Even moreso, we the laypeople must recognize our own contribution to this commoditization of Christianity. “[T]he Church has life itself; indeed, the true life,” Fr. Ambrose also said, “which is man’s communion with and transformation by God through His Son, our Lord Jesus Christ, who is ‘the Way, the Truth, and the Life.’ Most of us act as though we never heard this.” It is possible to eschew Christ’s transcendent Truth either internally or externally; in either case, we’re placing our own personal preferences ahead of the Gospel, saying that we prefer our own interpretations to those of the Church, or saying that we prefer our own “prayer style”, our own “taste”, to that of the Church–then telling the local and national organizations to compete for our “business”. And that’s exactly what we’re doing.

Some would argue that it is the job of the Church to meet people at their level, and that particularly today, we need to at least appear to be “keeping with the times” in order to keep people in the pews. However, Christianity teaches that God already met us at our level when He became human, died and was resurrected. Especially in our media-saturated society, we must resist the urge to “keep with the times”, that is to secularize, and now allow God to raise us up to His level.

Christianity is becoming a secular business because we have made an idol out of our own personal, subjective experience, rather than submitting to the communal, sublime union with God that is the Church. In doing so, by seeking “relevance” rather than transcendence, temporal thrill instead of Heaven’s eternal spiritual joy, “service” rather than opportunities to serve, by going where we will be “built up” rather than where we will be crucified to ourselves, by asking for affirmation in who we already are rather than submitting to transforming power of our Lord, we’re really looking for a god made in our own image rather than acknowledging that we were made in God’s image. As a result, we have stunted our own growth in Christ, and reduced our local churches to a set of neighborhood social programs.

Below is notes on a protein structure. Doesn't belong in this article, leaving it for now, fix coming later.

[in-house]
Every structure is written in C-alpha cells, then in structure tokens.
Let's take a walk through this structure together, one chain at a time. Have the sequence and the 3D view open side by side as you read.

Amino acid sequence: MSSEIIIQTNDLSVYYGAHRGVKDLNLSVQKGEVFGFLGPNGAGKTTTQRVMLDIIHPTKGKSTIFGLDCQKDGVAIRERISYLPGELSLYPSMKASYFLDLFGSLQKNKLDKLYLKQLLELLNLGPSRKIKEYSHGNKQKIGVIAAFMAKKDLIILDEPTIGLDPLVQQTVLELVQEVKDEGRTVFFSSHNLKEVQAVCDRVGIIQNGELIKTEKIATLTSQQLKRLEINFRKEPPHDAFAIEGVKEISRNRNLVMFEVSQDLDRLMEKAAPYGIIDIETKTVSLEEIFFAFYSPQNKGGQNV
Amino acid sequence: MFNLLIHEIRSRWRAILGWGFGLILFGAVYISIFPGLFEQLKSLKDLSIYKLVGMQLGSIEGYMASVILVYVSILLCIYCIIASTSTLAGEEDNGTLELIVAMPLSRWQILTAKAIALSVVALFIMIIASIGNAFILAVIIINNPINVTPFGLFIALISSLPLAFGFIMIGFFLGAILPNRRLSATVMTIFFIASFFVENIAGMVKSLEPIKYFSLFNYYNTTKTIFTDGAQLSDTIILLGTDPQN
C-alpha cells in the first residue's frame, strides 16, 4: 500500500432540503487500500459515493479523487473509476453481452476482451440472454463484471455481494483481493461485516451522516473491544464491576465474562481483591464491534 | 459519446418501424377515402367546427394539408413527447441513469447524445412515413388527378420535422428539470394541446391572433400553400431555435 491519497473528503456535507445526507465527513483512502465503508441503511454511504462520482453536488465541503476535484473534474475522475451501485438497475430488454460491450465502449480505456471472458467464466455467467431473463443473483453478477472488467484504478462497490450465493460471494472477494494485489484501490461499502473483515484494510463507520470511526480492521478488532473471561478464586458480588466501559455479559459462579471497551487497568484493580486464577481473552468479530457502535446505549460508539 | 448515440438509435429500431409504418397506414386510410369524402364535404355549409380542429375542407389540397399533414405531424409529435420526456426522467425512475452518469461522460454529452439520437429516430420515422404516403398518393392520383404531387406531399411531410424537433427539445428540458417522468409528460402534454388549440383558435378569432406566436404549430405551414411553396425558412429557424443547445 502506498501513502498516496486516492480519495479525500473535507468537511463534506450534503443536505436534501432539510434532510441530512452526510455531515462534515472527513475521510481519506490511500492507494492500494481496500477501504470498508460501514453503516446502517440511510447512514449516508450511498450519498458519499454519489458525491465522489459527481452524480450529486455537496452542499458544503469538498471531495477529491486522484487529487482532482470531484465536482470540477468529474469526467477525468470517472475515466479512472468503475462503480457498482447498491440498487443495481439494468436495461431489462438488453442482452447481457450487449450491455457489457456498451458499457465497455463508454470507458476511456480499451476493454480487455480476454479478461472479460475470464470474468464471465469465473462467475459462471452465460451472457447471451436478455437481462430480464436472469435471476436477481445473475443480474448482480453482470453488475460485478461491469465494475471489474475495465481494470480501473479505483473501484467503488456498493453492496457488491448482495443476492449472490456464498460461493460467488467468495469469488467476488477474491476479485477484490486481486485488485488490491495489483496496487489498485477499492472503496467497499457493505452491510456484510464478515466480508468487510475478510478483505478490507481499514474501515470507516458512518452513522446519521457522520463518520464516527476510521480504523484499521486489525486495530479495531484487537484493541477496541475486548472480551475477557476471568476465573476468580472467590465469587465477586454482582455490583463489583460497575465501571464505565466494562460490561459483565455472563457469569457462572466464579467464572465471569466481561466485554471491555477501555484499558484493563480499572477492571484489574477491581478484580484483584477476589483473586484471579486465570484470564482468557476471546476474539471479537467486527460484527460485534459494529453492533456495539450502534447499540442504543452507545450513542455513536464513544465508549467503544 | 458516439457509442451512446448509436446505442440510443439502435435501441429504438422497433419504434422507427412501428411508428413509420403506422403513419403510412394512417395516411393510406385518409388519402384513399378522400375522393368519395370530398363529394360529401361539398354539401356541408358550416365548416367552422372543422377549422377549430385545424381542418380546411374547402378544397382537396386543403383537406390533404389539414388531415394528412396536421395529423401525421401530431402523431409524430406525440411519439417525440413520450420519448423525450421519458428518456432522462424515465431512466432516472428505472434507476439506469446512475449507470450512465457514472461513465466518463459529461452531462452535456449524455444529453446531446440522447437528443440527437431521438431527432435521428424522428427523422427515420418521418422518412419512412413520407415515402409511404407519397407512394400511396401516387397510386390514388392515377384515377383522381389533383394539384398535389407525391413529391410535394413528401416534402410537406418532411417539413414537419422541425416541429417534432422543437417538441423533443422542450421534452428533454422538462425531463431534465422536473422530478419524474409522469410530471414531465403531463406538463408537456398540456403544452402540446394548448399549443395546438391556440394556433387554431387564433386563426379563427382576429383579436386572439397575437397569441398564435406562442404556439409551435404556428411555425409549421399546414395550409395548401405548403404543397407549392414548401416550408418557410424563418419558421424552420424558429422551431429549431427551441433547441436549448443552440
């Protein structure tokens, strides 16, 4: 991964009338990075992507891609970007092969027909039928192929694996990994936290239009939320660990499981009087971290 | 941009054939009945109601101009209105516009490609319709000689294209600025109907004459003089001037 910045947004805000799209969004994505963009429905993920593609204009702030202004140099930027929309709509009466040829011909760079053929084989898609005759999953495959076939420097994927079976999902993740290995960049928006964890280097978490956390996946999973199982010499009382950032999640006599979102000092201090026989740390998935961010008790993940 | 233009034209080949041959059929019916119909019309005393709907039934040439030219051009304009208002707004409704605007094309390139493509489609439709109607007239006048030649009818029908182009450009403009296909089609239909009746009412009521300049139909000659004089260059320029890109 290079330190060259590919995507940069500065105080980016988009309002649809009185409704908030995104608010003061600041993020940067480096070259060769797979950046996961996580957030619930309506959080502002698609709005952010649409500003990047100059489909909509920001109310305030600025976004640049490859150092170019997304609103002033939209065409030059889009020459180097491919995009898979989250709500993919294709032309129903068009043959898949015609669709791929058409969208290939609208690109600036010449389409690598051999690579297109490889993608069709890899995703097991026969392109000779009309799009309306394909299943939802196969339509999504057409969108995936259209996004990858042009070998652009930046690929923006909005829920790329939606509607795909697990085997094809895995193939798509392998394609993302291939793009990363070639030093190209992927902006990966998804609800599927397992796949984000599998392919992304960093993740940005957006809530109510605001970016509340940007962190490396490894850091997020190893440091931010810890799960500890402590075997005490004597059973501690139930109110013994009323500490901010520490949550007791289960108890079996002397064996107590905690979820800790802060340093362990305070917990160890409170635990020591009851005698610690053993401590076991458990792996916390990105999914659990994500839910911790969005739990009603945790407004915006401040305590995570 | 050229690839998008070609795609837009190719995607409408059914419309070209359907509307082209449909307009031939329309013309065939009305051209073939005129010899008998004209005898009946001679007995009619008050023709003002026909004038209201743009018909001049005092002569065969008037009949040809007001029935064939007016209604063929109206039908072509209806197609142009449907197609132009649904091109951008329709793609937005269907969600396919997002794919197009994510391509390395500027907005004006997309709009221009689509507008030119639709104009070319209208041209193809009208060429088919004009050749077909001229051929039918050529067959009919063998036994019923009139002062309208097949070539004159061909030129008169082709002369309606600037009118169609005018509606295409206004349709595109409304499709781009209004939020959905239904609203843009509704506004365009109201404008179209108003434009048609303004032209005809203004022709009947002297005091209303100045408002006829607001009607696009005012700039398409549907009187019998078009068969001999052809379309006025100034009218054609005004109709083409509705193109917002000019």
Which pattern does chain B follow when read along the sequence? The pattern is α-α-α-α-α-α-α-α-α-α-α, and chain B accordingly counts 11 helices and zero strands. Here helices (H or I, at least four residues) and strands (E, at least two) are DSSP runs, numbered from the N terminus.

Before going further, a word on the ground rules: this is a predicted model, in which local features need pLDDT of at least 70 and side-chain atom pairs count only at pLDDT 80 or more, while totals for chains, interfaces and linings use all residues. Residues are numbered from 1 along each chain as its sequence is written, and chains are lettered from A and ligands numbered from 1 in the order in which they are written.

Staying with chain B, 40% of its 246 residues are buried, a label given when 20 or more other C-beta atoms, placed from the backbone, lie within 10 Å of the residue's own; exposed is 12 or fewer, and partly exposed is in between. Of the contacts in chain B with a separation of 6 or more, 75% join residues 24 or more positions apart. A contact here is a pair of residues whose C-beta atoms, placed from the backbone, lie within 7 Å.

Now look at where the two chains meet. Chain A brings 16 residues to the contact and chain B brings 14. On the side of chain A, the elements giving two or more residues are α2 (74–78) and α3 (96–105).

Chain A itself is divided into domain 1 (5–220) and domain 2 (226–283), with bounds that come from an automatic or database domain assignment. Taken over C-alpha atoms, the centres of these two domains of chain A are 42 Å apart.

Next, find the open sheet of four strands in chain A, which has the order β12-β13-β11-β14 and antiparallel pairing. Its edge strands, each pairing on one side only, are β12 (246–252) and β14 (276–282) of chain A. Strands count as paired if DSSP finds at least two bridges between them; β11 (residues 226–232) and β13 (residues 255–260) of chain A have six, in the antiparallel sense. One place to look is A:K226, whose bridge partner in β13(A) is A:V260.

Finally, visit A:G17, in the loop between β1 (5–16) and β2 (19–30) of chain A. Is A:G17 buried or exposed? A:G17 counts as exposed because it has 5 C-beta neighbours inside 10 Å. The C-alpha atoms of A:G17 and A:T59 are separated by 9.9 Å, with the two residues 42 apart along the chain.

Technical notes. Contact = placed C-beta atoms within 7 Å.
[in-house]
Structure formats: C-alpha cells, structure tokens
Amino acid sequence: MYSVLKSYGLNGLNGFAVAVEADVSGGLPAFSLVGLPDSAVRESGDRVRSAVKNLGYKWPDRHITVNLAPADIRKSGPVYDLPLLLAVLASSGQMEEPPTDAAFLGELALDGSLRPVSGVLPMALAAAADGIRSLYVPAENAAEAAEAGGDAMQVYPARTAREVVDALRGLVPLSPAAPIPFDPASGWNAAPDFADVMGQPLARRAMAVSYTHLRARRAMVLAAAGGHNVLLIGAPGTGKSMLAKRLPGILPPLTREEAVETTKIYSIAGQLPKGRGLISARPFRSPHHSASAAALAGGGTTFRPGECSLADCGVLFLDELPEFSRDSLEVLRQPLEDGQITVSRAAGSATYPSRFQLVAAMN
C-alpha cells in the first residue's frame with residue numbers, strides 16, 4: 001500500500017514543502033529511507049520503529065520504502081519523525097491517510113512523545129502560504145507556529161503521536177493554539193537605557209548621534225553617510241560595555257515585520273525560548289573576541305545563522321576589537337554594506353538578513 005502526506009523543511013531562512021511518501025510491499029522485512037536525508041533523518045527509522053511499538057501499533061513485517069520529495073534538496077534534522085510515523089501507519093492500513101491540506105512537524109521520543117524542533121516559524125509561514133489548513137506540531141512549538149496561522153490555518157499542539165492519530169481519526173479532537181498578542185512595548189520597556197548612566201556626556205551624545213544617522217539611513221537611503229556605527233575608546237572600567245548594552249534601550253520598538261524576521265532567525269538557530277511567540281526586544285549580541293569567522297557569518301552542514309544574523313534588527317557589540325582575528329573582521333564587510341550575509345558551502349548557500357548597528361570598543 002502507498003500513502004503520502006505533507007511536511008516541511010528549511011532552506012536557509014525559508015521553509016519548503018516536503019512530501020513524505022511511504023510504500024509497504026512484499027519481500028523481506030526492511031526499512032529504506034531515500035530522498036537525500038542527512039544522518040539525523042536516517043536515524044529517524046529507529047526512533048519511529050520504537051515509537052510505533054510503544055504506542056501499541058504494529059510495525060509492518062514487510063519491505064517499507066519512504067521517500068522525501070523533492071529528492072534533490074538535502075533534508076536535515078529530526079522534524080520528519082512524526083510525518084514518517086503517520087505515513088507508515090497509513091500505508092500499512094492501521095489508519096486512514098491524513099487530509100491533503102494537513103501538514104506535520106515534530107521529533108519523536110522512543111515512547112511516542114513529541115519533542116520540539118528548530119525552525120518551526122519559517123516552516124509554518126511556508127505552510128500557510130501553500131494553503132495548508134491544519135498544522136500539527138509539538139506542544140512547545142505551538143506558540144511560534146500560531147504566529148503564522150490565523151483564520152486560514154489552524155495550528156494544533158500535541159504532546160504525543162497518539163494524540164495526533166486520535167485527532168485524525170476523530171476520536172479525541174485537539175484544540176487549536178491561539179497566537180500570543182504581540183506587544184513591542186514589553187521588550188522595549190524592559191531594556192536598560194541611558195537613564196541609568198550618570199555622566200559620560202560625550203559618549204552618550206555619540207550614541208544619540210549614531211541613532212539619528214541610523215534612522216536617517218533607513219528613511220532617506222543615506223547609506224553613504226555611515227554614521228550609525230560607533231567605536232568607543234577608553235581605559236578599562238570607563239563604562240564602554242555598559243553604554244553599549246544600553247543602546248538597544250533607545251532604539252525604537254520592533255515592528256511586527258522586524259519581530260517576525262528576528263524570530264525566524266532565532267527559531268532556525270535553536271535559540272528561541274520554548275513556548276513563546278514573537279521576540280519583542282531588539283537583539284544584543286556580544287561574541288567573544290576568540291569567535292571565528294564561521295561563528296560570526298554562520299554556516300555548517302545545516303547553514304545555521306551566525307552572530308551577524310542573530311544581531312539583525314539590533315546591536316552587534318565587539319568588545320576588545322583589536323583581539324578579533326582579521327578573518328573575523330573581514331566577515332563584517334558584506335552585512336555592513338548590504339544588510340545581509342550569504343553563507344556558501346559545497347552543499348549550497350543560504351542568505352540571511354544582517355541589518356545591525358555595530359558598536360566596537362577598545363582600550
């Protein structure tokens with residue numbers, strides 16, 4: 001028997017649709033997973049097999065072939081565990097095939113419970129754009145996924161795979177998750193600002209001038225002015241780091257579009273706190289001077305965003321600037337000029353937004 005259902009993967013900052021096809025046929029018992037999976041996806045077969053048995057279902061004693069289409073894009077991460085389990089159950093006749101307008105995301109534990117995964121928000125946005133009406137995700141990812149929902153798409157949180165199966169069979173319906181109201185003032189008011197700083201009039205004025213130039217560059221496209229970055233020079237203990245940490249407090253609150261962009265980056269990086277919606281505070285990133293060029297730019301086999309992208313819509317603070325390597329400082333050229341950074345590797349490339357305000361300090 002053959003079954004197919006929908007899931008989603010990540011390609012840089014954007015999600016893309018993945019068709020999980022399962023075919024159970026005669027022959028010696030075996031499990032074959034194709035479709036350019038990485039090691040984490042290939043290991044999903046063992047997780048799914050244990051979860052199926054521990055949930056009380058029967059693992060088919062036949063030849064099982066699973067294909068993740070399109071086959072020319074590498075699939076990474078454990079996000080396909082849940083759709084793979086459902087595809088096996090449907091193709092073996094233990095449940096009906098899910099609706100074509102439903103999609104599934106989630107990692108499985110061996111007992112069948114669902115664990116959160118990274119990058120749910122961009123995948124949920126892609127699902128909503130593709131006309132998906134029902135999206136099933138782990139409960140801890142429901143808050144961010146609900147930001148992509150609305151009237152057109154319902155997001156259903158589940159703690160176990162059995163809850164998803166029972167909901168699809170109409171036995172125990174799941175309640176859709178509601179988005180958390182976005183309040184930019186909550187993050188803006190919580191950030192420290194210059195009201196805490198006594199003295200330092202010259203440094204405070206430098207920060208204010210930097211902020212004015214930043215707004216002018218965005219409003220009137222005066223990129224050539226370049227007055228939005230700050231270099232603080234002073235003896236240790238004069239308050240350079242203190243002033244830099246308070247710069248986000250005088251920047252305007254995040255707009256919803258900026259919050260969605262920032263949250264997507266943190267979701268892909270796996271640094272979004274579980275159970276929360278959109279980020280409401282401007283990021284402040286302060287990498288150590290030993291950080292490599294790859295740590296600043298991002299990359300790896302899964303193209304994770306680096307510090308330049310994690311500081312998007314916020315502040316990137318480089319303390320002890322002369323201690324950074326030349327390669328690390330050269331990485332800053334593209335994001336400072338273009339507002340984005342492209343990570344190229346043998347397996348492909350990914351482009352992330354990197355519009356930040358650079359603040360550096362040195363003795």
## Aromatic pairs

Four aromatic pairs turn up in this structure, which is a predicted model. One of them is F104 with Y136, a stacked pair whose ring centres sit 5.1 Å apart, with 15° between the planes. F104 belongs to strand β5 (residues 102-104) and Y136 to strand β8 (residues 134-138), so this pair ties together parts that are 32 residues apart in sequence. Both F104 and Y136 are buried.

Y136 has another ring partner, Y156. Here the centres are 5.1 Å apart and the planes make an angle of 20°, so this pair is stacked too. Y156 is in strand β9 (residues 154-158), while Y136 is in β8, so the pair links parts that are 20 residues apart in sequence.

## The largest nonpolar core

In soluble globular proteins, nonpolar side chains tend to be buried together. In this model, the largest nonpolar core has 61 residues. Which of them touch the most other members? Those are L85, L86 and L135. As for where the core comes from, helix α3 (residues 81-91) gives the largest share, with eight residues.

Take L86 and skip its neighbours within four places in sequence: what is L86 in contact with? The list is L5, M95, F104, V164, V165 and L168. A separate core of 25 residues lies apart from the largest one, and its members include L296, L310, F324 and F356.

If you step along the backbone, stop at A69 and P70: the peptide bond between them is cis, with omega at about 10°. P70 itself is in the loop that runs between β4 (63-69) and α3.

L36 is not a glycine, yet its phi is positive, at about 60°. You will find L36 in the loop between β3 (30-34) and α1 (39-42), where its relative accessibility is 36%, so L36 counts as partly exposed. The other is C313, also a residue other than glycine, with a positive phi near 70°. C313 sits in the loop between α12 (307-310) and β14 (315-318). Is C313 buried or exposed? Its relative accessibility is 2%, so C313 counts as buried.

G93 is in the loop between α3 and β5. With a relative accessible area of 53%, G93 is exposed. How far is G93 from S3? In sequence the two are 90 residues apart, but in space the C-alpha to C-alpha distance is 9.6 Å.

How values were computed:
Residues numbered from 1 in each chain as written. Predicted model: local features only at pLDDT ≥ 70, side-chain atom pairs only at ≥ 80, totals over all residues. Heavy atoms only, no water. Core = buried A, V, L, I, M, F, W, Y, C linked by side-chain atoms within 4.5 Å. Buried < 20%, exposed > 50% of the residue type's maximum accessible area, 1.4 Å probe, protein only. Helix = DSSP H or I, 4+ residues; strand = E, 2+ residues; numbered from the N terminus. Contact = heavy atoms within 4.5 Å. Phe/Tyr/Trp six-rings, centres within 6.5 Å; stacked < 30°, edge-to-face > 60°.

Worst of all, we claim (at least on some level) that we do this to reach those in the world, but that’s exactly what we have failed to do, because in doing all of this, we do not challenge them. We present them with a safe, unobtrusive Church that demands nothing outside of their comfort zone, nothing that looks any different from their normal existence, rather than a Church that demands their entire life. “If the early Christians had been just like everyone else,” Fr. Ambrose said, “there would have been no persecutions, no martyrs, and, in the end, no Church, either.” Dr. Bray concurs: “[O]nly by recovering and emphasizing the spiritual dimension have we any hope of making a lasting impression on an unbelieving world.”

The Church is not a faith-based utility, one corporation among many with whom we choose to do business in our everyday lives. Rather, She is the Bride and Body of Christ, the “pillar and ground of the truth” (1 Timothy 3:15). As Christians, we need to return to treating Her as such if we truly wish to “make disciples of all nations” and be disciples ourselves.